Experience has shown us that in the development stage passing the text between people can become quite complex therefore we have found that creating a single document in Google Docs to collect the complete text and make it accessible to your development team (and also ultimately our editorial team and web-builder), helps to reduce the confusion of multiple copies of documents and renaming them.  It also allows multiple users to amend the document in real time.   Once the MG document has been submitted to editors then using colour coding for any changes is essential so that other users can identify those changes.

At the publishing stage, the MESHGuide itself usually manifests as five columns of boxes and a strip down the right-hand side of the screen which shows the content of the box. Although not cast in stone this format works well on most web browsers and screens.

Clearly mark headings, hyperlinks, images etc that you would expect to see if the box is clicked on, as this will make transfer to the web format simpler.

A common format for the MG is:

  • Column 1 Evidence
  • Column 2 Definitions, how to diagnose the learning problem or how the issues present in the classrooms in the study
  • Column 3 Contextual matters which demonstrate how research plays out in practice
  • Column 4 Pedagogical interventions
  • Column 5 Case studies where these exist.

Further detail about what might go in each column is below. We suggest you discuss the structure of your MG with an Editor at an early stage.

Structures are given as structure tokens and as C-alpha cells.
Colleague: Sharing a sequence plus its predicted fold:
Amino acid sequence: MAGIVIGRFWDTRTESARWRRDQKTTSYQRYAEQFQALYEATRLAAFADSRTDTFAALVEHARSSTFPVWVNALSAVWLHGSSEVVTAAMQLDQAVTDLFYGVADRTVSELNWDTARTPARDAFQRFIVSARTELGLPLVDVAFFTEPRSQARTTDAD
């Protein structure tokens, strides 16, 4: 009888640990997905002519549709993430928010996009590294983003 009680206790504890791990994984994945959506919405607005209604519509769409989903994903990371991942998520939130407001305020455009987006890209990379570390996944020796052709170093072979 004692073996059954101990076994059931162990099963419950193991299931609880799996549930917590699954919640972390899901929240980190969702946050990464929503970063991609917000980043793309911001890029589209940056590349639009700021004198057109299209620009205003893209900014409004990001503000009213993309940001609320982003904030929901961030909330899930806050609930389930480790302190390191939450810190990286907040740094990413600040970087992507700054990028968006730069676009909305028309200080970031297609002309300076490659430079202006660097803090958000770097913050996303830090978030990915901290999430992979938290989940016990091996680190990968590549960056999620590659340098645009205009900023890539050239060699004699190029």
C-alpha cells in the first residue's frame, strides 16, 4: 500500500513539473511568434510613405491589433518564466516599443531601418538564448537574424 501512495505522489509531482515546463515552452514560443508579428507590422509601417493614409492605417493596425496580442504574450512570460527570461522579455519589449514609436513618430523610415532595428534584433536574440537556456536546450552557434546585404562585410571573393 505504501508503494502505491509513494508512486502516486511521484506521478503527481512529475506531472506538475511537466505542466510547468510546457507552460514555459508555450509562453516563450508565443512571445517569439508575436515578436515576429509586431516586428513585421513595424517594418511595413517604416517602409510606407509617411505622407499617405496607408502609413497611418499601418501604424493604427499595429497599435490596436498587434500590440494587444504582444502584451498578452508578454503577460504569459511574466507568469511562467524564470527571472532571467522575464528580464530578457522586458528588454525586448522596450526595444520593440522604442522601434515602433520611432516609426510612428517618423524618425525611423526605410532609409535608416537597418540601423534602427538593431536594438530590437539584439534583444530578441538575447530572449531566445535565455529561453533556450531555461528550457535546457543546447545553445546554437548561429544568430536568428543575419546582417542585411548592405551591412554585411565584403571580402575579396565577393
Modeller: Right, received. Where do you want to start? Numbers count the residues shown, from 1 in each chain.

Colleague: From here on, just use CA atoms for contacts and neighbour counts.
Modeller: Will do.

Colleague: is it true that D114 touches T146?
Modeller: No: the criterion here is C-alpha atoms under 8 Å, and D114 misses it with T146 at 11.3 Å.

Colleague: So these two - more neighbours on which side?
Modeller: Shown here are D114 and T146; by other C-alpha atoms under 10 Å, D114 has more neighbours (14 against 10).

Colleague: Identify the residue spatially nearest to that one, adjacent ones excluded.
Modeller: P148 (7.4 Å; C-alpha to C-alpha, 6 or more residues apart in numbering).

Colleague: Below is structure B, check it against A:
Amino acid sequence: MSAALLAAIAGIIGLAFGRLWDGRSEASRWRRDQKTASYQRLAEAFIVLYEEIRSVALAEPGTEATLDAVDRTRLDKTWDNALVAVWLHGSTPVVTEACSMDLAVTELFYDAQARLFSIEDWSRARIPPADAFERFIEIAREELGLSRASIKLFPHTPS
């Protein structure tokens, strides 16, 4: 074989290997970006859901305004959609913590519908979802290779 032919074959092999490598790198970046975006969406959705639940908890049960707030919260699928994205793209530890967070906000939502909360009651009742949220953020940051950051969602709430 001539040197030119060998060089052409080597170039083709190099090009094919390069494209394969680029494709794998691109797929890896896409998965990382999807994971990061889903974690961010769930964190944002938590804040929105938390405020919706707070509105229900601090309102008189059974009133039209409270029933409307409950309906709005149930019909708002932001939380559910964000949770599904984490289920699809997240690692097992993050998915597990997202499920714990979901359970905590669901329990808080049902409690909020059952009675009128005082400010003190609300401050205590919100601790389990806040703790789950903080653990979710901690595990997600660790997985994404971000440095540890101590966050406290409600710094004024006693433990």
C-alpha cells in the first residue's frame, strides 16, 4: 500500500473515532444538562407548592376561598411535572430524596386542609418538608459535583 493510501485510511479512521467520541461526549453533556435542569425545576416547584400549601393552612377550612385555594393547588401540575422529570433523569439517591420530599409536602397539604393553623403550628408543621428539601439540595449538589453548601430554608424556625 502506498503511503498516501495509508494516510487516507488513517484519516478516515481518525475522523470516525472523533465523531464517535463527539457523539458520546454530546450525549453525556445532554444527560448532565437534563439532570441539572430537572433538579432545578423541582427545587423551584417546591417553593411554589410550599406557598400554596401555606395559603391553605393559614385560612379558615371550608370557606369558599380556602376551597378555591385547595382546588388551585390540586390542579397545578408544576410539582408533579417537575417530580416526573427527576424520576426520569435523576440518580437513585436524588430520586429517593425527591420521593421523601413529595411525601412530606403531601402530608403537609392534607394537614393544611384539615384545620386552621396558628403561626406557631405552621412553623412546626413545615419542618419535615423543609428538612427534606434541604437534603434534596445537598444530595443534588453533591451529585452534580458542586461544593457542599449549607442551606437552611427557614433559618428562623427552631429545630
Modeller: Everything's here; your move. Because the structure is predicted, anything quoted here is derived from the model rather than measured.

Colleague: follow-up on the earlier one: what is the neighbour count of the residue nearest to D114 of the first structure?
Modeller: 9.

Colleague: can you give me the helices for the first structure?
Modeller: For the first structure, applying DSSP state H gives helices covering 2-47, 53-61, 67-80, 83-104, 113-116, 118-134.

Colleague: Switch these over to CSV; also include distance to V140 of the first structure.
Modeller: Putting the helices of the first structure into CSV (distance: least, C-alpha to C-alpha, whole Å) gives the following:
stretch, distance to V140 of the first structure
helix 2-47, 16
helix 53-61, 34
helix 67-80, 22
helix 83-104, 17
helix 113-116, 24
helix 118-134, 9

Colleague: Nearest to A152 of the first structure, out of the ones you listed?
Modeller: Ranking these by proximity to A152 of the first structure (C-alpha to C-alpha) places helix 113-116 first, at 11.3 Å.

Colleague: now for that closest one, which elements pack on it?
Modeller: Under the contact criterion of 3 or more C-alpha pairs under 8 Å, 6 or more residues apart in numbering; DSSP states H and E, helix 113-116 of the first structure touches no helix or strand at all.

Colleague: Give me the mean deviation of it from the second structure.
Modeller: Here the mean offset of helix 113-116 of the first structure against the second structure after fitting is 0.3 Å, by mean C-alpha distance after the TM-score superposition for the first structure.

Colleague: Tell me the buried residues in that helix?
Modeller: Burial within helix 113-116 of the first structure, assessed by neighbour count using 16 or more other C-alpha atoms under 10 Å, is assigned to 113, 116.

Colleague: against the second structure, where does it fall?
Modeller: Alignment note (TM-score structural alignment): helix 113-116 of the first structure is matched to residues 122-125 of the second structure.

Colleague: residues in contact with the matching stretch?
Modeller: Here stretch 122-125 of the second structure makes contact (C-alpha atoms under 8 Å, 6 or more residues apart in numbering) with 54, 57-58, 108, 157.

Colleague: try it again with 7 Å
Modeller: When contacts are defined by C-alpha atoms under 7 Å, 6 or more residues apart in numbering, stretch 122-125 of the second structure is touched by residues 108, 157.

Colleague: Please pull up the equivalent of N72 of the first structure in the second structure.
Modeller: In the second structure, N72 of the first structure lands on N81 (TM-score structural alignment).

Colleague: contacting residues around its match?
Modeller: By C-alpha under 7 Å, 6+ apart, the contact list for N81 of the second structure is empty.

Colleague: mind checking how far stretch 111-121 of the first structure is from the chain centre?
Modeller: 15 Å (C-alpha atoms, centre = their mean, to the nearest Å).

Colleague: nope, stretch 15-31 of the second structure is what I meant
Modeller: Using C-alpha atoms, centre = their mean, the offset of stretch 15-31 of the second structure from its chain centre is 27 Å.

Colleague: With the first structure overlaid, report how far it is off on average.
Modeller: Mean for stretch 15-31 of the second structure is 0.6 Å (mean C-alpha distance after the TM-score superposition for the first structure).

Main title: MESHGuide name
short synopsis of your MG and who you expect to use it in particular
Column 1 title box

short description of the content ofthe column and any advice

Column 2 Column 3 Column 4 Column 5
1.1 Box heading: this appears in the MESH grid

Any text or material that relates to this box. This should include hyperlinks.  It will appear in a screen at the side of your MG grid

2.1 Box heading 3.1 4.1 5.1
1.2 Box heading: this appears in the MESH grid

Any text or material that relates to this box. This should include hyperlinks.  It will appear in a screen at the side of your MG grid

2.2 3.2 4,2 5.2
further boxes in this column …


In the actual word document, the content is presented in what is a logical flow for a reader, e.g. the references appear at the end as is traditional.

The actual name of a column may change to suit the content.  Please create a short summary describing the column content: this summary will appear when the header box is clicked and will show on the right hand side of the screen.

In  building your text the web-publisher needs you to clearly indicate what content belongs in which box so the headings in the table need to match the headings in the word document.